Congressional District # 02
PETERS CARTRIDGE FACTORYEPA ID# OHD987051083
Last Updated: May, 2015
The Peters Cartridge Factory Site is a partially abandoned manufacturing facility located at 1415 Grandin Road, Kings Mills, Ohio. The site consists of two distinct areas. The first area, Area A, occupies approximately 15 acres located in the floodplain and along the south valley wall of the Little Miami River. The topography varies from approximately 620 to 730 feet above sea level. The site is bordered to the north by the Little Miami Scenic River Bikeway and the Little Miami River, to the east by Grandin Road, to the south by agricultural land at the top of the valley wall, and to the west by undeveloped bottom land along the river. The ground surface is predominantly covered by asphalt and/or concrete. The remaining unpaved portion is characterized by steep terrain and mature deciduous vegetation. The second area, Area B, is a 56-acre parcel of unimproved wooded land on the southern, west/southwestern and east/southeastern borders of the 15-acre parcel.
The site buildings were constructed in 1916 as a munitions manufacturing facility known as the Peters Cartridge Company. The main site buildings are situated on the level ground next to the Little Miami River. The remnants of concrete bunkers and other buildings are scattered along the steep slope of the valley wall along the southern part of the site. Three swales convey water down the steeply sloping valley wall into stom sewers that run beneath the main buildings. The storm sewers are largely filled with debris. The site is currently occupied by several small businesses. The main buildings are in poor condition with most of the windows broken and roofs leaking.
The U.S. Environmental Protection Agency (EPA) proposed the site to the National Priorities List (NPL) in April 2003 and finalized the site on the NPL in September 2012.
The Remington Arms Company purchased the Peters Cartridge Company in 1934 and continued munitions manufacturing operations at the site until 1944 when the site was sold. The Remington Arms Company was acquired by E. I. duPont de Nemours and Company (DuPont Company). The DuPont Company, by reason of its ownership of Remington Arms, is jointly and severally liable for all investigation and cleanup activites at the site.
The site is being addressed through federal, state and potentially responsible parties actions.
Threats and Contaminants
An environmental assessment of Area A was conducted in 1987 during which on-site soils were sampled at depths of one, four, eight and twelve feet. Lead, copper and mercury-contaminated soils were found near each building in Area A, consistent with the manufacture of munitions.
The Ohio Environmental Protection Agency (Ohio EPA) conducted an Expanded Site Inspection in 1999 during which soil, sediment, groundwater, and fish tissue samples were collected from Area A. Volatile, semi-volatile, and pesticide organic compounds were detected in the soil samples, and lead was detected in the on-site groundwater monitoring wells. A release of copper into the Little Miami River was observed, and lead was detected in the sediment samples.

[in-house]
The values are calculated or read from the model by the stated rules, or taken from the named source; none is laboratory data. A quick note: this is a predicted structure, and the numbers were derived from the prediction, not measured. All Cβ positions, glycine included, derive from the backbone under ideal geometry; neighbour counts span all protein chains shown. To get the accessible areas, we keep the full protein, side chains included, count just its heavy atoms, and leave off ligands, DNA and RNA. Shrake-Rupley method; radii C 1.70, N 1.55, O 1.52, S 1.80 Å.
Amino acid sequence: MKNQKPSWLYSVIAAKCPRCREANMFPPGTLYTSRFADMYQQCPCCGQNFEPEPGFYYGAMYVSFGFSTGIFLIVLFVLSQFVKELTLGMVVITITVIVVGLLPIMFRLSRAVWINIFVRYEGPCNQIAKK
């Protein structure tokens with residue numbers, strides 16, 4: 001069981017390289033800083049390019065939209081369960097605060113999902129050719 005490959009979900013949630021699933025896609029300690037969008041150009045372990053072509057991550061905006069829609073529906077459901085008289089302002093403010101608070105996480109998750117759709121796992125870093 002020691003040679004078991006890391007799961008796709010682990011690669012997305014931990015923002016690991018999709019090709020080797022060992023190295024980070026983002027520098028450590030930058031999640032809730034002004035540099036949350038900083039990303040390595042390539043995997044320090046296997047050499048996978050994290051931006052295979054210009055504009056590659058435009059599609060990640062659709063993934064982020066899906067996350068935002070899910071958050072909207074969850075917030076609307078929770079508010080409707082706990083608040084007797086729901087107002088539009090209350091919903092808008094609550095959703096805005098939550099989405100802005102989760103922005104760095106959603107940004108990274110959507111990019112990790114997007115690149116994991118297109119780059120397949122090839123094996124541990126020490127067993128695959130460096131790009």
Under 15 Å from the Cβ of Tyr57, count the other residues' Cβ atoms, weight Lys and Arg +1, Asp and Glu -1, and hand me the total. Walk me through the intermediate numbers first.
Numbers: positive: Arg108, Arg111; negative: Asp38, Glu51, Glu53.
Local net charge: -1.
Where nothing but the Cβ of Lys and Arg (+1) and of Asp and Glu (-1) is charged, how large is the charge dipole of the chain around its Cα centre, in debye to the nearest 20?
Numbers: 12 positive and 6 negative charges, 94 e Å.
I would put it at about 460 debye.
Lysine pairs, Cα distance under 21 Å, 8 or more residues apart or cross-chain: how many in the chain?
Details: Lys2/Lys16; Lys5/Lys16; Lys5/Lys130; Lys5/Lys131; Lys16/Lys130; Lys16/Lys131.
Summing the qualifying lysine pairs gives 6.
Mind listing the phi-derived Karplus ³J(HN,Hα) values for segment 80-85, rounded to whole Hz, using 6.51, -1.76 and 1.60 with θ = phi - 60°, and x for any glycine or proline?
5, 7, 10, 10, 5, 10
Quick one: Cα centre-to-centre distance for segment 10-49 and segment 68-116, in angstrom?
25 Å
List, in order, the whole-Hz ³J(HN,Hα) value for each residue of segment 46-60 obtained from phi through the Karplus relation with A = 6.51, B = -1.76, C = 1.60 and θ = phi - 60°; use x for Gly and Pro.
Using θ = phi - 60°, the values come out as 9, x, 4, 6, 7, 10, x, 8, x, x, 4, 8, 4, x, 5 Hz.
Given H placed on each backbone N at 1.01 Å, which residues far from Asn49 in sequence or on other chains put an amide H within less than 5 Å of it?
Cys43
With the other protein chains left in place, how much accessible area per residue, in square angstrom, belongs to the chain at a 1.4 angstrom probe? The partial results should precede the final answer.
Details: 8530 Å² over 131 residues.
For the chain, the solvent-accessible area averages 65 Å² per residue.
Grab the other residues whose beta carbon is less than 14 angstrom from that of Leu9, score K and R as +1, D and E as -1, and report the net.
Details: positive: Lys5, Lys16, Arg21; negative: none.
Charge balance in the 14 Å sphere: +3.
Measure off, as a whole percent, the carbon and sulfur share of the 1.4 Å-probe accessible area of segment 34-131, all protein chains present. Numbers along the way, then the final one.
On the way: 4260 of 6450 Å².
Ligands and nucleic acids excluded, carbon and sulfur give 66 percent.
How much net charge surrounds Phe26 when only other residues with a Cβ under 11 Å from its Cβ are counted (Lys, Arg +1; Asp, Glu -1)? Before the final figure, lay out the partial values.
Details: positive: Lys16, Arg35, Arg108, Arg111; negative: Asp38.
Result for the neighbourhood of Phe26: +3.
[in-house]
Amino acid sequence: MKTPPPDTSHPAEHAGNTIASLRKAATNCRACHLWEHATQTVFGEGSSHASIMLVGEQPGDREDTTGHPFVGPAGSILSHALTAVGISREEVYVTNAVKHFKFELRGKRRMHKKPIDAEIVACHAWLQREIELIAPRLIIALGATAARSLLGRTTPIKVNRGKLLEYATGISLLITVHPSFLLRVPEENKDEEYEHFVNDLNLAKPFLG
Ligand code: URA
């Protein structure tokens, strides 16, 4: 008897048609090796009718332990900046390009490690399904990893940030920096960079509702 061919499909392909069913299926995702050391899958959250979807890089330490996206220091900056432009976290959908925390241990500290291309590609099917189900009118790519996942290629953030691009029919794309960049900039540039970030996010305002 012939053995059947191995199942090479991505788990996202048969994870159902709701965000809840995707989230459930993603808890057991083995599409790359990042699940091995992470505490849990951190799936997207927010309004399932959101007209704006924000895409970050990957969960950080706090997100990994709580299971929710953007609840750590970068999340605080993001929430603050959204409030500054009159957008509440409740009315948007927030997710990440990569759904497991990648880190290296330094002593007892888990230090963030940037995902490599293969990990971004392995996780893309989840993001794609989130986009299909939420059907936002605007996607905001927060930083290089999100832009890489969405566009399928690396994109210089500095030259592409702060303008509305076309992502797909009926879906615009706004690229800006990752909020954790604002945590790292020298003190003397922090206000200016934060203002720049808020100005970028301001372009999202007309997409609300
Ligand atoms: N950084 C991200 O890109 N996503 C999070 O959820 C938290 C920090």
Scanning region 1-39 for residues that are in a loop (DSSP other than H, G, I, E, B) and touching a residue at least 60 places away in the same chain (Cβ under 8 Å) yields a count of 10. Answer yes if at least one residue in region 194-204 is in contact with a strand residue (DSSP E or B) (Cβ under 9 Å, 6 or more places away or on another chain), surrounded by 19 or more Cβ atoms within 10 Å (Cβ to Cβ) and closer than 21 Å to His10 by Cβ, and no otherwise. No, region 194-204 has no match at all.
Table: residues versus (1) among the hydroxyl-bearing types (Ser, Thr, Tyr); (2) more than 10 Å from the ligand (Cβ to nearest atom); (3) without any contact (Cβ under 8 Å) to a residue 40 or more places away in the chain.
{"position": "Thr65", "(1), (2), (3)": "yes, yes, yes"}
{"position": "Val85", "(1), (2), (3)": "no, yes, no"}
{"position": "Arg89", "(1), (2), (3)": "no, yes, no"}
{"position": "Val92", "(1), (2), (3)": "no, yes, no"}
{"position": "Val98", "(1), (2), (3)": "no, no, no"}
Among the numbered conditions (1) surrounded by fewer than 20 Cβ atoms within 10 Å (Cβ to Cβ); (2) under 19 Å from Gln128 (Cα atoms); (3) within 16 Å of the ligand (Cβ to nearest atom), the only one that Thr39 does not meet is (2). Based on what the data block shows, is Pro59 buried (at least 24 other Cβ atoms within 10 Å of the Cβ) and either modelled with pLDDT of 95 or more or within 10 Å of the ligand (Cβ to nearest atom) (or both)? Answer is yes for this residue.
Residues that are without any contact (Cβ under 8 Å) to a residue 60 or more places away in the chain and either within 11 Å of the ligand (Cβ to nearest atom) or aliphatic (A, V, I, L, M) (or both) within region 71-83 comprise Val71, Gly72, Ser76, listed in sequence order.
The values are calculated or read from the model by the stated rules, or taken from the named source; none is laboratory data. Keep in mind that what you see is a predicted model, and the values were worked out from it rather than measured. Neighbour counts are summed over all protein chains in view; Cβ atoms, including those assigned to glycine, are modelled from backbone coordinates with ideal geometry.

The DuPont Company signed an Administrative Order on Consent with EPA in July 2004 under which the company agreed to conduct a Remedial Investigation/Feasibilty Study (RI/FS) at the site. EPA approved the final RI Report in February 2009 and the final FS Report in June 2009.
Additionally, Ohio EPA conducted a Water Quality Study in 2007 along the section of the Little Miami River that is adjacent to the Peters Cartridge Site, in part to determine whether there is any ecological impact on the Little Miami River from site contaminants. The study results, published in November 2007, indicate that the Peters Cartridge Site is not causing impairment to the Little Miami River.
EPA issued a Proposed Plan for site cleanup in June 2009 and held a public meeting in mid-July 2009 to present the Proposed Plan to the public. Additionally, EPA developed a Community Involvement Plan for the site in 2009.
EPA signed a Record of Decision on September 28, 2009, which detailed the remedy for the site. The selected remedy includes excavation and on-site consolidation of contaminated soil and limited action for groundwater with use-restriction institutional controls. EPA believes these response actions will be protective of human health and the environment.
EPA began negotiating with DuPont in 2010 for the remedial design and remedial action (RD/RA), but a settlement was not reached. EPA issued a unilateral administrative order (UAO) on March 30 2012, requiring DuPont to conduct the RD/RA work. DuPont began the remedial design process in April 2012 and submitted the 30% Design in 2013. DuPont submitted the Final Design in November 2014 and EPA approved it in December 2014, along with the Remedial Action Work Plan.
Remedial action cleanup work at the site began in the spring of 2015. The majority of the work, including excavating the contaminated soil and backfilling, building the on-site containment unit and placing the contaminated soil in the unit, is scheduled to be completed by late fall of 2015. Site restoration activities, including revegetation of the site, will likely be conducted in early 2016.
EPA intends to issue an Explanation of Significant Differences (ESD) in summer 2015 to document some significant (but not fundamental) changes to the remedy that were found to be necessary during the remedial design. EPA held a public availability session in February 2015 to discuss with the community the changes to the selected remedy and the schedule for the cleanup work.
ContactsRemedial Project Manager, U.S. EPA
demaree collier (firstname.lastname@example.org)
Community Involvement Coordinator, U.S. EPA